Located on the East Coast along the Atlantic Ocean in Maryland and Virginia, Assateague Island is the largest, natural barrier island ecosystem in the Middle Atlantic states region that remains predominantly unaffected by human development. The Virginia portion of the island is designated as the Chincoteague National Wildlife Refuge and is managed by the U.S. Fish and Wildlife Service, with the exception of 448 acres in the refuge’s Toms Cove area maintained by the National Park Service. These 448 acres are part of the Assateague Island National Seashore. The The Assateague State Park and the Assateague Island National Seashore are located on Assateague Island, MD.
This year marks our fourth visit to the Chincoteague National Wildlife Refuge and the Assateague Island National Seashore, located on Assateague Island, VA. We visited the Virginia portion of Assateague Island previously in 2011, 2015 and 2016. We had never visited Assateague Island, MD. That fact changed this year.
In my previous blog post it appeared that Saturday, March 31st, was a very lazy day. It wasn’t. Leaving Chincoteague National Wildlife Refuge, we decided to visit Assateague Island, MD. There are two entrances to Assateague Island. The island’s south entrance is at the end of Route 175, two miles east of Chincoteague, VA. The north entrance is at the end of Route 611, eight miles south of Ocean City, MD. There is no vehicle access between the two entrances on Assateague Island. Vehicles must return to the mainland to access either the north or south entrance.
It was a pleasant drive from the southern portion of Assateague Island to its northern end.
Our first stop in Maryland was at the Assateague Island Visitor Center. The visitor center is located on the right-hand side of Route 611, before the bridge that takes you onto Assateague Island. Inside the visitor center you will find information on Assateague Island, aquariums, a touch tank, a variety of exhibits and a small gift shop. We didn’t spend a lot of time in the visitor center. We looked at the fish in the aquariums.
This is a Sheepshead Fish.
Admission to Assateague Island National Seashore is $20.00, which is good for multiple days AND good as well at the Chincoteague National Wildlife Refuge in Virginia. We didn’t have to pay the admission fee, as I purchased a National Park Service senior pass in February, when I turned 62 years old. On Friday at the Toms Cove Visitor Center in Virginia I added the first stamp to our Passport to Your National Parks. I also purchased a page of souvenir stamps (1989 Stamp Series) at that location. While at the Assateague Island Visitor Center in Maryland, Bob stamped our Passport to Your National Parks (our second passport stamp….YAY!), and we picked up a map of the Assateague Island National Seashore.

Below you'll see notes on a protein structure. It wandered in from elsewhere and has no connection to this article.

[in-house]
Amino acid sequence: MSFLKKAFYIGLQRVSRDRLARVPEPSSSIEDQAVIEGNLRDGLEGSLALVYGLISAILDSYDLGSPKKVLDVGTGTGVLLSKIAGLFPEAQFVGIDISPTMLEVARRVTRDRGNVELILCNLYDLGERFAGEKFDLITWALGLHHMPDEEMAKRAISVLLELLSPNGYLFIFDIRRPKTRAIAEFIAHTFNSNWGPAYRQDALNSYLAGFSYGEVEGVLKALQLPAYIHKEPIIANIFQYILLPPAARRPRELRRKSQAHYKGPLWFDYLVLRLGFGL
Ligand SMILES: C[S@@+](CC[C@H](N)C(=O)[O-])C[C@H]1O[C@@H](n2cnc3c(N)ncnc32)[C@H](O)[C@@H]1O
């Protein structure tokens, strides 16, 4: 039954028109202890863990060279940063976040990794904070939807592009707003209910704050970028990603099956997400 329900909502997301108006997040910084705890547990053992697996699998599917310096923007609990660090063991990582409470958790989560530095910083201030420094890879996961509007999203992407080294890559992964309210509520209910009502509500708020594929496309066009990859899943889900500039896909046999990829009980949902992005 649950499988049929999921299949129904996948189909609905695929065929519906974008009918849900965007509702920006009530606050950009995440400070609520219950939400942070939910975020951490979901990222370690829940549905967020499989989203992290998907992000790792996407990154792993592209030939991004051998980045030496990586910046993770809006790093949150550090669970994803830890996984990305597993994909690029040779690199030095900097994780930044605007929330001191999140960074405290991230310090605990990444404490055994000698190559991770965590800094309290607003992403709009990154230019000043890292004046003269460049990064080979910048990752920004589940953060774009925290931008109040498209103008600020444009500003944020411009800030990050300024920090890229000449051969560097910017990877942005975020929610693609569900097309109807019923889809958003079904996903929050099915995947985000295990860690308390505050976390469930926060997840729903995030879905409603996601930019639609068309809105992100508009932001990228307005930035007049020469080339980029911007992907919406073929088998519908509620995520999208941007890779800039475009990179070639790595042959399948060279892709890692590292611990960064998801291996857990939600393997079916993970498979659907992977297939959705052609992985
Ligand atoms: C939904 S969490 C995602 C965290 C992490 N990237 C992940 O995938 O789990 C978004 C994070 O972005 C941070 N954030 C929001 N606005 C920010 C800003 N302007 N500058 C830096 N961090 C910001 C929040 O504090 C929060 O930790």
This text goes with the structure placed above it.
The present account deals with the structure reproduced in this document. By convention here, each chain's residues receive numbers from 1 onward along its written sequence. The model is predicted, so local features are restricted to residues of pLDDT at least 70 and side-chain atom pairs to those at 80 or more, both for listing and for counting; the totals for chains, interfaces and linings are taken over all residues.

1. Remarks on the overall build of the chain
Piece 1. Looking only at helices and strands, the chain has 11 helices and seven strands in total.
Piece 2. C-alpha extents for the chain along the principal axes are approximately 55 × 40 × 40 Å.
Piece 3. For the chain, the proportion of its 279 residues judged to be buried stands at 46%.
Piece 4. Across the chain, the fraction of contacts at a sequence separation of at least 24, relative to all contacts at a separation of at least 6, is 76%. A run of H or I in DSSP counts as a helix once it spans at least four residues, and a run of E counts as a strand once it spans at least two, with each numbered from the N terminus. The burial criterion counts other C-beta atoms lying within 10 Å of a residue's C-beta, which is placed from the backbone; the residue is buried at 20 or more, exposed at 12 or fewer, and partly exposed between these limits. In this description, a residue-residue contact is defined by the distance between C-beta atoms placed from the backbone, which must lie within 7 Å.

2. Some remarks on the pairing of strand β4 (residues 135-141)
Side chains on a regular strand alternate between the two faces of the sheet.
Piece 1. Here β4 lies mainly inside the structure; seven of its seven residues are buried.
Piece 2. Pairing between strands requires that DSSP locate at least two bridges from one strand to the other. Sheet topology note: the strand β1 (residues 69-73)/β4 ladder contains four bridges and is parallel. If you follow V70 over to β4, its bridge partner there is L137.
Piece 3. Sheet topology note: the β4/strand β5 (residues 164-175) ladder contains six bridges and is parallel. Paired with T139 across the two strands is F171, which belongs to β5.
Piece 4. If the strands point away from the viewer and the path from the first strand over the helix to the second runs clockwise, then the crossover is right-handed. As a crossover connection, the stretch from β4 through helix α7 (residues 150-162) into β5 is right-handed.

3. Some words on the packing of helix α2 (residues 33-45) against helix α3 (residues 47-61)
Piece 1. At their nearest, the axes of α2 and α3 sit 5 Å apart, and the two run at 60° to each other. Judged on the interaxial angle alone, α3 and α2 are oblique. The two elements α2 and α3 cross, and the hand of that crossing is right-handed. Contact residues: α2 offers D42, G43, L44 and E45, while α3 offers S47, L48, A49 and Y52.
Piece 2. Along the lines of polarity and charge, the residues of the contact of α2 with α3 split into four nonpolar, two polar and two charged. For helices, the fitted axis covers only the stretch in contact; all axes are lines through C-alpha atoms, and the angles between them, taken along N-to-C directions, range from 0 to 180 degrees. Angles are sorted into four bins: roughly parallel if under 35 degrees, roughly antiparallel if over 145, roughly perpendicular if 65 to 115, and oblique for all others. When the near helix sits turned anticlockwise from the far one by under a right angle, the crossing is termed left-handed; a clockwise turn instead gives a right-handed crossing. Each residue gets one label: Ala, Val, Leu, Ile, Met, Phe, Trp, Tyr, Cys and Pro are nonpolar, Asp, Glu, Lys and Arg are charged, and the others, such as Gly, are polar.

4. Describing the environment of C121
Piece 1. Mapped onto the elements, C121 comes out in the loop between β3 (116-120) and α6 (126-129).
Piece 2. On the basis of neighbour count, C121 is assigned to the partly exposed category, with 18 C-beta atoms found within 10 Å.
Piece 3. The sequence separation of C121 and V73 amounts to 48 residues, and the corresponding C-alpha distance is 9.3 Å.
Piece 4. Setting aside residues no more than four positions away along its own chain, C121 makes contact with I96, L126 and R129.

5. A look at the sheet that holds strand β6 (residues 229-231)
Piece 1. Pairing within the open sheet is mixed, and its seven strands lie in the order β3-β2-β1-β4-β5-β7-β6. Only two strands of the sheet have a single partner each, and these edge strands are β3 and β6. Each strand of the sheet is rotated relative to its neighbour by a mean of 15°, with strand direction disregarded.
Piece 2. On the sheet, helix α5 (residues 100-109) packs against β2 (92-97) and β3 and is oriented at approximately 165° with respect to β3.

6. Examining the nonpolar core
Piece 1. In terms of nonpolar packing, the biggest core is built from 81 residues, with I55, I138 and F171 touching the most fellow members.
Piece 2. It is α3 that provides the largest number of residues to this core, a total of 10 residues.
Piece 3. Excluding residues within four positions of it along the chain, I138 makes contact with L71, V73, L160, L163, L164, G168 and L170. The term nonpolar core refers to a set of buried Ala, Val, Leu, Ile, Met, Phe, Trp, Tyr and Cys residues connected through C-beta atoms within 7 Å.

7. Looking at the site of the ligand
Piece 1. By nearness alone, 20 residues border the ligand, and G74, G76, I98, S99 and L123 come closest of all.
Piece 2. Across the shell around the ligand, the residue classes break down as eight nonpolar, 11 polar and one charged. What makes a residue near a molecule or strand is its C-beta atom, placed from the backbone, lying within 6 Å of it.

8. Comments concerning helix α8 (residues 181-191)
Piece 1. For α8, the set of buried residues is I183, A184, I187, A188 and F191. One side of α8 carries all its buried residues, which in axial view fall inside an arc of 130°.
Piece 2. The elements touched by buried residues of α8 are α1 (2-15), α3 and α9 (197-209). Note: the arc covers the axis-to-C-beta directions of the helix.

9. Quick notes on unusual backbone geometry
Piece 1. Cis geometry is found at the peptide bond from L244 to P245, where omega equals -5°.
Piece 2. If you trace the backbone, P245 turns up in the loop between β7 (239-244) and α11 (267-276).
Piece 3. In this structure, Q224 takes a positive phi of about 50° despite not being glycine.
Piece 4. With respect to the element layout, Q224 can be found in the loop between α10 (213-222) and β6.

I wanted a passport that would last. The Collector’s edition fit the requirement. This passport edition, though, is very big. It isn’t something that I would want to carry with us on the motorcycle. I did see at the visitor center’s gift shop that a sheet of three blank passport stamps are available for purchase, wherein one can obtain the stamp and add it to the passport at a later time.
In addition to the 1989 Mid-Atlantic Regional Stamp (Assateague Island National Seashore), the 1989 Stamp Series includes nine other stamps: 1989 North Atlantic Regional Stamp (Federal Hall National Memorial), the 1989 National Capital Regional Stamp (Thomas Jefferson Memorial), the 1989 Southeast Regional Stamp (Great Smoky Mountains National Park), the 1989 National Stamp (Yellowstone National Park), the 1989 Midwest Regional Stamp (Apostle Islands National Lakeshore), the 1989 Southwest Regional Stamp (Hot Springs National Park), the 1989 Rocky Mountain Regional Stamp (Arches National Park), the 1989 Western Regional Stamp (Great Basin National Park), and the 1989 Pacific Northwest & Alaska Stamp (Crater Lake National Park). I wonder how many of these places we will see? Well, we have the rest of our lives to visit these places. We shall see ….
From the Visitor Center we drove over the Verrazano Bridge, turned right onto Stephen Decatur Memorial Road to Bayberry Drive. We saw our first wild horses of Assateague Island, while on Stephen Decatur Memorial Road.
The wild horses of Assateague Island are descendents of domesticated animals brought to the island over 300 years ago.
I enjoyed the beauty of these horses from a safe distance, using a telescopic camera lens to get close. Park rules state to enjoy the beauty of the horses from a distance. Keeping at least a bus length from the horses is recommended. The horses are wild. They are known to charge, kick and bite.
Although it is possible to see the wild horses up close at Chincoteague National Wildlife Refuge, we saw more horses close up in Maryland than we have in Virginia. (I will be sharing more wild horse pictures in future blog posts.)
We spent approximately 3 1/2 hours exploring the Assateague Island National Seashore. We hiked three trails; we saw several more wild horses, close up and personal; and we saw the ocean.
Stay tuned, I will be posting more Assateague Island National Seashore (Maryland District) blog posts in the near future.